Being There

26 March, 2017. We’re back home after a week of sun, sand, and invitingly warm people near Puerto Vallarta, Mexico. Despite any preconceived notions about raucous Spring Break partying, we actually experienced none of the commotion of drunken young adult Bacchanal, fountains of beer, or wet t-shirt contests – all of which was fine by me.

Nowhere was this more apparent than when we made connections in Dallas. My first sketch of the trip was a really quick one of an elderly gentleman napping as he waited for our flight to board. The surrounding seats were nearly empty, nor were there any loud, obnoxious college frat boys wearing those ridiculous beer hats you see on television. Although I brought along both my sketchbook and my watercolor sketch pamphlet, opportunity and convenience conspired to make the Canson sketchbook my favored choice on this trip. This meant most of my sketches were made with a pen or a brush pen: I used very little watercolor, and when I did it tended to be a bit cartoonish, as in the example above.

Travel tends to revolve around four things for us: The act of getting “there,” experiencing the cuisine of a place once you are “there,” exploring what is “there,” and interacting with the people who live “there.” We were to discover that the compound where we were staying made it incredibly difficult to leave. I can only presume the management wanted to keep all of their guests money and business in the markets and restaurants and activities they controlled. In frustration, our first meal was at a taco bar located in the glossy, high end Mercado at the center of this enormous property. In fact, the food was quite good but the experience was incredibly “Americanized.” Everyone spoke English, we were surrounded by Americans, and everything seemed to be set up to make Americans as comfortable as possible. We might as well have been in America, and we vowed to find our way off the beaten path and into town and thus, into Mexico proper. We needed to “be there.”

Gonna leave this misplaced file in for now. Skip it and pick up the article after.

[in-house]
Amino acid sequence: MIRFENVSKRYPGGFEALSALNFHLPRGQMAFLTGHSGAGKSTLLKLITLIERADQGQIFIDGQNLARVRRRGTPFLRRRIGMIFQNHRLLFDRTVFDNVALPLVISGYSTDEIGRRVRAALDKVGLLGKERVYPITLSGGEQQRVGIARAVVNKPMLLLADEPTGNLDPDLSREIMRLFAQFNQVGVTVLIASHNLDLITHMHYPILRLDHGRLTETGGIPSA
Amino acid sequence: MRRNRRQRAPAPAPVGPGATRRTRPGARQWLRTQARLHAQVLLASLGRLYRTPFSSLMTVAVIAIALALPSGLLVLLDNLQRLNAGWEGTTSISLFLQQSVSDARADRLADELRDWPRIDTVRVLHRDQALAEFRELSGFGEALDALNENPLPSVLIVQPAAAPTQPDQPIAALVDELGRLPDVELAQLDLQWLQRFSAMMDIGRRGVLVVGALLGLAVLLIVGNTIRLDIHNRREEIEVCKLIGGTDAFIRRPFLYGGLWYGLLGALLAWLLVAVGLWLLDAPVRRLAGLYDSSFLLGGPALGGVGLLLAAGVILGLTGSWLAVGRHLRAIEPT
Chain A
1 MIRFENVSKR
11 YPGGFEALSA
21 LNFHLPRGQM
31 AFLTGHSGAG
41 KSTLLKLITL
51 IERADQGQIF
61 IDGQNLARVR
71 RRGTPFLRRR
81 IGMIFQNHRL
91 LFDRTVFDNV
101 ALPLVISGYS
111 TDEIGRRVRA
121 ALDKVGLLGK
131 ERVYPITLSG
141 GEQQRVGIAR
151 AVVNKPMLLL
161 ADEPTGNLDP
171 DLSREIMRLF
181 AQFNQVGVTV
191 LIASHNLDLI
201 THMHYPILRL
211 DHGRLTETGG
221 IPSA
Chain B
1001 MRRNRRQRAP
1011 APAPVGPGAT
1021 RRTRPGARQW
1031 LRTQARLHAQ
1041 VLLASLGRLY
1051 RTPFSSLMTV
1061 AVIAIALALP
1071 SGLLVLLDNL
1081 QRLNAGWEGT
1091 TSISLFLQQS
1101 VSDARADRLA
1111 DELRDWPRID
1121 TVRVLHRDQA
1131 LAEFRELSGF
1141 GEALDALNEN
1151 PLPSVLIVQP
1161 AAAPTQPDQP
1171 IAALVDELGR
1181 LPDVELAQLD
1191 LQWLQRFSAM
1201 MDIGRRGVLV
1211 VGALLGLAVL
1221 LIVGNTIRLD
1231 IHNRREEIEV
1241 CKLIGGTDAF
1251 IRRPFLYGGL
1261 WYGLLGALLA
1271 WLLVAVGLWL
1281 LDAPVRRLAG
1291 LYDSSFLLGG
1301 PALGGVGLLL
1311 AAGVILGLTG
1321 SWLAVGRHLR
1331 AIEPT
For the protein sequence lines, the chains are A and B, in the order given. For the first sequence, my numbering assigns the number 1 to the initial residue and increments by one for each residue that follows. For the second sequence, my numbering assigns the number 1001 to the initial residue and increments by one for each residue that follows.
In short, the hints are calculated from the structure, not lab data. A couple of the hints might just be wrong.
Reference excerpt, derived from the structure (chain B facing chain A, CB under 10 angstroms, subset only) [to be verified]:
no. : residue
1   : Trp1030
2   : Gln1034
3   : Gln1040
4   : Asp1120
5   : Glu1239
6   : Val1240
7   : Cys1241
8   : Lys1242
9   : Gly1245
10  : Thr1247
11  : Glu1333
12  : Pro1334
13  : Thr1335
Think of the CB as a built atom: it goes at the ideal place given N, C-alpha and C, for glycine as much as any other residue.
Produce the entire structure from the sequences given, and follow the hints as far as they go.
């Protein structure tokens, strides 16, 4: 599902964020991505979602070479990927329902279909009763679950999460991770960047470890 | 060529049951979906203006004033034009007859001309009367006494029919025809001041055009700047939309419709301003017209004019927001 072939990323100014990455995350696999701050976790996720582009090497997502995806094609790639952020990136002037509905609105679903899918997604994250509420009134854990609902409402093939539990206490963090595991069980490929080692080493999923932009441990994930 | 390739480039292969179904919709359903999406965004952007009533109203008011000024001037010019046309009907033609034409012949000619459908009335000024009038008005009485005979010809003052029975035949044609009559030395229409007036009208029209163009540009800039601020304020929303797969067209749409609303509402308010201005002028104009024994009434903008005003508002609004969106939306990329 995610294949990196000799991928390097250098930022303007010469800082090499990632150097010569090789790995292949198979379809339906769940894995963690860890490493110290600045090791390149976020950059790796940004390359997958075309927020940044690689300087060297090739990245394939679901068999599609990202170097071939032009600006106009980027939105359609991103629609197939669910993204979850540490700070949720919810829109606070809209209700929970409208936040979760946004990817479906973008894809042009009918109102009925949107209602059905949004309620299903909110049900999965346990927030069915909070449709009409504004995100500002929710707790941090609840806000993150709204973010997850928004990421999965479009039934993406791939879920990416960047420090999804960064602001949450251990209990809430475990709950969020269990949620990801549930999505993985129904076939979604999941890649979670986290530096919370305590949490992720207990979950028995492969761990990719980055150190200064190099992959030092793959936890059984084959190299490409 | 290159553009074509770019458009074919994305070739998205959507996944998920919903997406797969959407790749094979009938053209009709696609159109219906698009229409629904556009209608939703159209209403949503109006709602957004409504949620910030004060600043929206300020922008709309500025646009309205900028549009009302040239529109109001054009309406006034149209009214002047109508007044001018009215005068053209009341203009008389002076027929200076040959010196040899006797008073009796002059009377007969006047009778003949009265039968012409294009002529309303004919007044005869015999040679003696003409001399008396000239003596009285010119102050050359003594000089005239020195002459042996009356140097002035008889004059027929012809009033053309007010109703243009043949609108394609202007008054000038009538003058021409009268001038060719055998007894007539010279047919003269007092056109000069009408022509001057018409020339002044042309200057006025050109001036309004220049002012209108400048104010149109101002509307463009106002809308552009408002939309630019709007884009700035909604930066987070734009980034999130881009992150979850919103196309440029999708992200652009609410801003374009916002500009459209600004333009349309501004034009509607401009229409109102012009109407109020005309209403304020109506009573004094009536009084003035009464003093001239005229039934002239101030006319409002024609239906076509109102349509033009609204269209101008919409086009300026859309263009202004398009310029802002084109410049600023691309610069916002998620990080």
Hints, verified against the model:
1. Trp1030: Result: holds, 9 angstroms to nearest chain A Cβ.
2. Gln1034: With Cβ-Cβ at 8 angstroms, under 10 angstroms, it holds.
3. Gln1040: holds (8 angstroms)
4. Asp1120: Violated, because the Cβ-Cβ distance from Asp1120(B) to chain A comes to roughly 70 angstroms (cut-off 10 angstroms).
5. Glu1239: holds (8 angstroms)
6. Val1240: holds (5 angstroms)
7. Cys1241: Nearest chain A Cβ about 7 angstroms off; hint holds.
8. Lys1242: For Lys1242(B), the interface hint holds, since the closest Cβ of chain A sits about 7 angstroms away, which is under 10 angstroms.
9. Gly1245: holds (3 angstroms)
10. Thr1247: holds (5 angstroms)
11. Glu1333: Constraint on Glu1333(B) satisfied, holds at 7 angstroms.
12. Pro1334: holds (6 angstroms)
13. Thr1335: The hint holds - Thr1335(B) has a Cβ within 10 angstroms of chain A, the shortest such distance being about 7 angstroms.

As I mentioned, our compound was enormous. One can easily walk for miles along the meandering paths that loop around the property, lakes, restaurants, golf course, and residence buildings. Each of these buildings had hundreds of rooms, each numbered individually. Just to provide some context, our room numbered in the 8,000 range. Our walk to the beach was a very pleasant mile or so, tracing those paths and skirting those buildings, mostly along verdant canals that in a truly Disney-esque fashion had been created to emulate the effect of authenticity. In fact, they were anything but and I refused to waste any of my time or paper on that subject matter.

We discovered that to get off the compound and into the “real world,” our mile long walk to the beach was followed by another couple of miles south, down the beach and through the pool and lobby of the final hotel of the property. (Typically, we wound up hiking over ten miles each day.) This was the one and only point of egress, and once on the street spilled out into the community. A short distance further found us at the Marina, with a small square and market, and several eateries. Along the street were vendors selling various foods from their cars or the back of pickups. Some authenticity had seeped into what we were soon to discover was a community created from whole cloth to cater to the tourist trade. The town of Nuevo Vallarta seems to exist solely for travelers who have more interest in sitting beside a pool than they do in the people and place in which they have situated themselves. I know it’s naive to say so, but it rather shocked me, this discovery.